Being an outsider isn't easy.
It's something I'm familiar with. Starting a web design company at 14. Building a travel company in my 20s. Becoming a single foster parent to 3 kids in my 30s.
These aren't the behaviours of an insider. I know.
Yet each time we head outside we begin to feel more comfortable there.
When the game no longer requires conformity, you can really begin to play.
Being an outsider is still scary when you look back. You wonder what would've happened if you had been realistic, reasonable. What if you had stayed inside?
Here's to stepping outside. To being unreasonable. To being a bit weird.
On with the links...
I've long been obsessed with the idea that tech can help our brains. A digital calendar, a task manager, and a notetaking app are logical starting points. They help with productivity, sure. Where they really help is in freeing our brains to do other wonderful things... be creative, do 'deep work', switch off.
Few people are doing more brilliant work in this area than Tiago Forte, and this recent video of what we can learn about productivity from the world's top chefs is a great example.
+ This week, Tiago hosted the 'Second Brain Summit'. You can watch all the talks here.
+ It's important to take the emphasis off the tools, and think more about the systems you have in place. I've been implementing Tiago's PARA method and it's massively helpful. Looking forward to his book (out in June).
Despite my obsession with routines, sometimes I get sick of them. I take a few days (or weeks!) off, and just go with the flow. It usually doesn't take long for me to come crawling back. I become miserable, less healthy, and more overwhelmed. Thinking lots about your routines make a lot of sense. As Greg McKeown explains in this podcast episode... the genius of routine.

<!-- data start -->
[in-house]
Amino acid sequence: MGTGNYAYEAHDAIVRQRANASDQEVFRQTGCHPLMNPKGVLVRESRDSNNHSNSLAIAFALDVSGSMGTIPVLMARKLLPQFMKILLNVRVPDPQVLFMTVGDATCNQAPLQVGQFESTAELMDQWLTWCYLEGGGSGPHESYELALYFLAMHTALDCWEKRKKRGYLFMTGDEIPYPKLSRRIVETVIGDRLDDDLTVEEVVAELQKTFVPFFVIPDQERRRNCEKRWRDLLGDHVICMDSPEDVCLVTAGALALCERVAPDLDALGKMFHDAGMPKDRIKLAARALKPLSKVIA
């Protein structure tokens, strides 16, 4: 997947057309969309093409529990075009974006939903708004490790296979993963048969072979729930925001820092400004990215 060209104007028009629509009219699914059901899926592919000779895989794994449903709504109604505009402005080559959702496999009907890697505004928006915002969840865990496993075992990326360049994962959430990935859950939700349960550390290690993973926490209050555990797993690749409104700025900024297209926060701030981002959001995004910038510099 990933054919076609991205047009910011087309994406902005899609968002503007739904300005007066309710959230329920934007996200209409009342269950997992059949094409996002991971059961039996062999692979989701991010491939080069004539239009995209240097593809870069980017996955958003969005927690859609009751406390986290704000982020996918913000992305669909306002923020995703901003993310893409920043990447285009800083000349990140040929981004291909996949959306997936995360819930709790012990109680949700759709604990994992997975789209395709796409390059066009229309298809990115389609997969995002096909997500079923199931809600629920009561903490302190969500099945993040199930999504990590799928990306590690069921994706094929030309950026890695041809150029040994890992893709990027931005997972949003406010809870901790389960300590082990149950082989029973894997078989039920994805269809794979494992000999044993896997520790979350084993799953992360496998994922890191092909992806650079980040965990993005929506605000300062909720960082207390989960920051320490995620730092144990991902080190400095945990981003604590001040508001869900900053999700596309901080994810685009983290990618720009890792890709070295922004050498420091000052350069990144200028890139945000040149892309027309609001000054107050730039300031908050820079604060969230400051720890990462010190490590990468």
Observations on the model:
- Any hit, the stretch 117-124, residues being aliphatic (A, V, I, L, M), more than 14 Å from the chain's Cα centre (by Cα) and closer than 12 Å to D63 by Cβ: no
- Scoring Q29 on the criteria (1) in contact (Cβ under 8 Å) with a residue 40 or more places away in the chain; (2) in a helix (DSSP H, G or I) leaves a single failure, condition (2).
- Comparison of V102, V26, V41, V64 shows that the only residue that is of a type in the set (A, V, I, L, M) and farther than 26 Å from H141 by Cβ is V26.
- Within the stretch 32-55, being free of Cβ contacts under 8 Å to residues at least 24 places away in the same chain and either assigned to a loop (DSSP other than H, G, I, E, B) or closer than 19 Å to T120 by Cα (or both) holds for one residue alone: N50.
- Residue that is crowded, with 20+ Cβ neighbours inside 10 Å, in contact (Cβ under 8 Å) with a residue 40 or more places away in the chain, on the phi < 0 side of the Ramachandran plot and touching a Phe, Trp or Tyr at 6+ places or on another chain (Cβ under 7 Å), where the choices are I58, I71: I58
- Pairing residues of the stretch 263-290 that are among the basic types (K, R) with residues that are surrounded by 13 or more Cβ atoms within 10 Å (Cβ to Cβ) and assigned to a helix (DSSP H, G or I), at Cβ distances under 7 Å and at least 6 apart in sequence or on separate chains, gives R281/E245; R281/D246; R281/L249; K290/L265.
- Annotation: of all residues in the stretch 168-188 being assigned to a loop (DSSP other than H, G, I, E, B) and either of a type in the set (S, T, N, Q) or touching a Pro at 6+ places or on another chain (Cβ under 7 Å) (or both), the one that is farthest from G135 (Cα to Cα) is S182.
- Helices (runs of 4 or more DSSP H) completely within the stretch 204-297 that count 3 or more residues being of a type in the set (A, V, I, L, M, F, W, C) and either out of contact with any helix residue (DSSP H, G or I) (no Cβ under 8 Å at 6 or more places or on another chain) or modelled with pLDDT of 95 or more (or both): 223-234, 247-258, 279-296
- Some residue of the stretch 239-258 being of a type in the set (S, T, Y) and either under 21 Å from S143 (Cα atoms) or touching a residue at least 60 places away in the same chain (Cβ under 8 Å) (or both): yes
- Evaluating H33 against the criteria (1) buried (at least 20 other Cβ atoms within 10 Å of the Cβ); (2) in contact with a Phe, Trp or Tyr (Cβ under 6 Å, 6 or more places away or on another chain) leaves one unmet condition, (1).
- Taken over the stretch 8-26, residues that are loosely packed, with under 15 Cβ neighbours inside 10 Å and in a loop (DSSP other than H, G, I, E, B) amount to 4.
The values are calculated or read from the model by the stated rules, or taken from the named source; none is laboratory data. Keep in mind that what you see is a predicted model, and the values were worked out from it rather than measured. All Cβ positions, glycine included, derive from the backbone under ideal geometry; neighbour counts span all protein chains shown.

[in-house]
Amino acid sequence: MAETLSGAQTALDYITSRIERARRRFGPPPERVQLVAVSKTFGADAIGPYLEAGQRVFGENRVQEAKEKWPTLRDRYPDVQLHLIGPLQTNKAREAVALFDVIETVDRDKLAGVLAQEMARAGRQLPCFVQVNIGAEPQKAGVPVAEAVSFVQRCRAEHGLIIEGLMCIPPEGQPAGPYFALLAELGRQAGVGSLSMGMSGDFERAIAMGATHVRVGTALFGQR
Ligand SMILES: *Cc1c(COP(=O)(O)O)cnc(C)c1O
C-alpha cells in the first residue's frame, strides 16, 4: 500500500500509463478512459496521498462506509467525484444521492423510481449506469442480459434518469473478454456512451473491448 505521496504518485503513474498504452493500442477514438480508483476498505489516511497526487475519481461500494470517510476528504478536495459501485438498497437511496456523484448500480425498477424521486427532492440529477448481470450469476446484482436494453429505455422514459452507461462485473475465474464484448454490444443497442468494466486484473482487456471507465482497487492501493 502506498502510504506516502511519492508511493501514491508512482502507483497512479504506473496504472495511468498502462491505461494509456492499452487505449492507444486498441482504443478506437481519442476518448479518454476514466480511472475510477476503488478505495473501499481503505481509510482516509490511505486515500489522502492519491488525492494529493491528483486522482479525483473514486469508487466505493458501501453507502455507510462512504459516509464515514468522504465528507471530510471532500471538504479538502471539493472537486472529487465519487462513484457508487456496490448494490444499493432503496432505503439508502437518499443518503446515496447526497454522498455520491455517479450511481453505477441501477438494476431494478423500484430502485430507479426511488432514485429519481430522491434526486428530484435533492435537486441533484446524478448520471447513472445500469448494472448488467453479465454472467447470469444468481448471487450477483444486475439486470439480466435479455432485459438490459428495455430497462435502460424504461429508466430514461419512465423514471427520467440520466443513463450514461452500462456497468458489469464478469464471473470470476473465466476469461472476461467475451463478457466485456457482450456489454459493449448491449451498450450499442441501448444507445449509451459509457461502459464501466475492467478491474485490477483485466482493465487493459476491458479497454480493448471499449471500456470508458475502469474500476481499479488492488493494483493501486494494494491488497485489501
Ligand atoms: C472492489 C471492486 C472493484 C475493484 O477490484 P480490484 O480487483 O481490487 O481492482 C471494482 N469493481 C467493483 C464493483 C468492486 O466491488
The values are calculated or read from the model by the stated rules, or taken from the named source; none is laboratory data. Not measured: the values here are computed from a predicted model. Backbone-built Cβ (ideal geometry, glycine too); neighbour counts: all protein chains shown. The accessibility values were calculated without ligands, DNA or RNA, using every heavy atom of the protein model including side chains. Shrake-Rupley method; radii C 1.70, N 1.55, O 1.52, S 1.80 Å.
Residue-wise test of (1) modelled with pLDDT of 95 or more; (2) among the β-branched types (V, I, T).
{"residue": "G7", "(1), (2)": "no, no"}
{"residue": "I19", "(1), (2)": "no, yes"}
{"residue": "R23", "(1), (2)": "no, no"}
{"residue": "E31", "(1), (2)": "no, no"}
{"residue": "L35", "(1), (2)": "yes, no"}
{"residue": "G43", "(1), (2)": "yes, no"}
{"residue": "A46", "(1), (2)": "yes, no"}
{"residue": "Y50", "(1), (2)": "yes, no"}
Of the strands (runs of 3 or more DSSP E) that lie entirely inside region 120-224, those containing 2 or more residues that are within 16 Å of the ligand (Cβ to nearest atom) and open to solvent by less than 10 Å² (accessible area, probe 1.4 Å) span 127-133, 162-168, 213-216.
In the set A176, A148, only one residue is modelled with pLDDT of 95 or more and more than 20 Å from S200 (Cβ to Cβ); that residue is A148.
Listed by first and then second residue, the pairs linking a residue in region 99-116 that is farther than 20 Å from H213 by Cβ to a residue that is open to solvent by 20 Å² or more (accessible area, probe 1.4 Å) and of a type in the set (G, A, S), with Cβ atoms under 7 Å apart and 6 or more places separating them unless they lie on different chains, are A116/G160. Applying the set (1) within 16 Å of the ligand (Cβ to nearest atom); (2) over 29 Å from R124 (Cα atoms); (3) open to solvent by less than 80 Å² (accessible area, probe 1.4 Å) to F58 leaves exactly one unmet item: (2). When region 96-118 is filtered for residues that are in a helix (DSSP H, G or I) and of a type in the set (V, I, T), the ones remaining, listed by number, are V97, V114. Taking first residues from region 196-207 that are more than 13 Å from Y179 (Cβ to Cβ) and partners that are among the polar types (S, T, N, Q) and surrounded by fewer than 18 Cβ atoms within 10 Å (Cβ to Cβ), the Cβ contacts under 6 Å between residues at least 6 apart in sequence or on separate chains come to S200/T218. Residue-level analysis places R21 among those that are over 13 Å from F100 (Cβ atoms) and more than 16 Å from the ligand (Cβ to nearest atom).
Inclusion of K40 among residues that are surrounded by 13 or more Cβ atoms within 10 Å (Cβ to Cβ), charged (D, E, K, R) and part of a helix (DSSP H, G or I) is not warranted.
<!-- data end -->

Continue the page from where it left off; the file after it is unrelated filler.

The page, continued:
+ Routines can sometimes feel restrictive. How can we be creative if we do the same thing every day? Jocko Willink's motto, discipline equals freedom, really helps me on this. As does this quote (mentioned in the top chef video above):
"Be regular and orderly in your life, so that you may be violent and original in your work." – Gustave Flaubert
You should Find More Ways to Be an Outsider. And this guy knows a few things about being an outsider... he moved to a foreign country at 25, where he didn't speak the language, and where he only knew one person (who he would later marry).
"A mountain of evidence shows that in the long run, being an outsider predicts well-being and emotional strength; it may even protect against depression."
+ And while you're being an outsider, why not also be unreasonable?
"The reasonable man adapts himself to the world: the unreasonable one persists in trying to adapt the world to himself. Therefore, all progress depends on the unreasonable man." – Man and Superman, a play by George Bernard Shaw
+ Hear what kids think about learning in this powerful short film.
+ Maybe combining phones with gambling isn't such a good idea?
+ Lisa Feldman Barrett debunks some myths about the human brain that just won't go away.
+ I enjoy this changing room illusion every time I see it.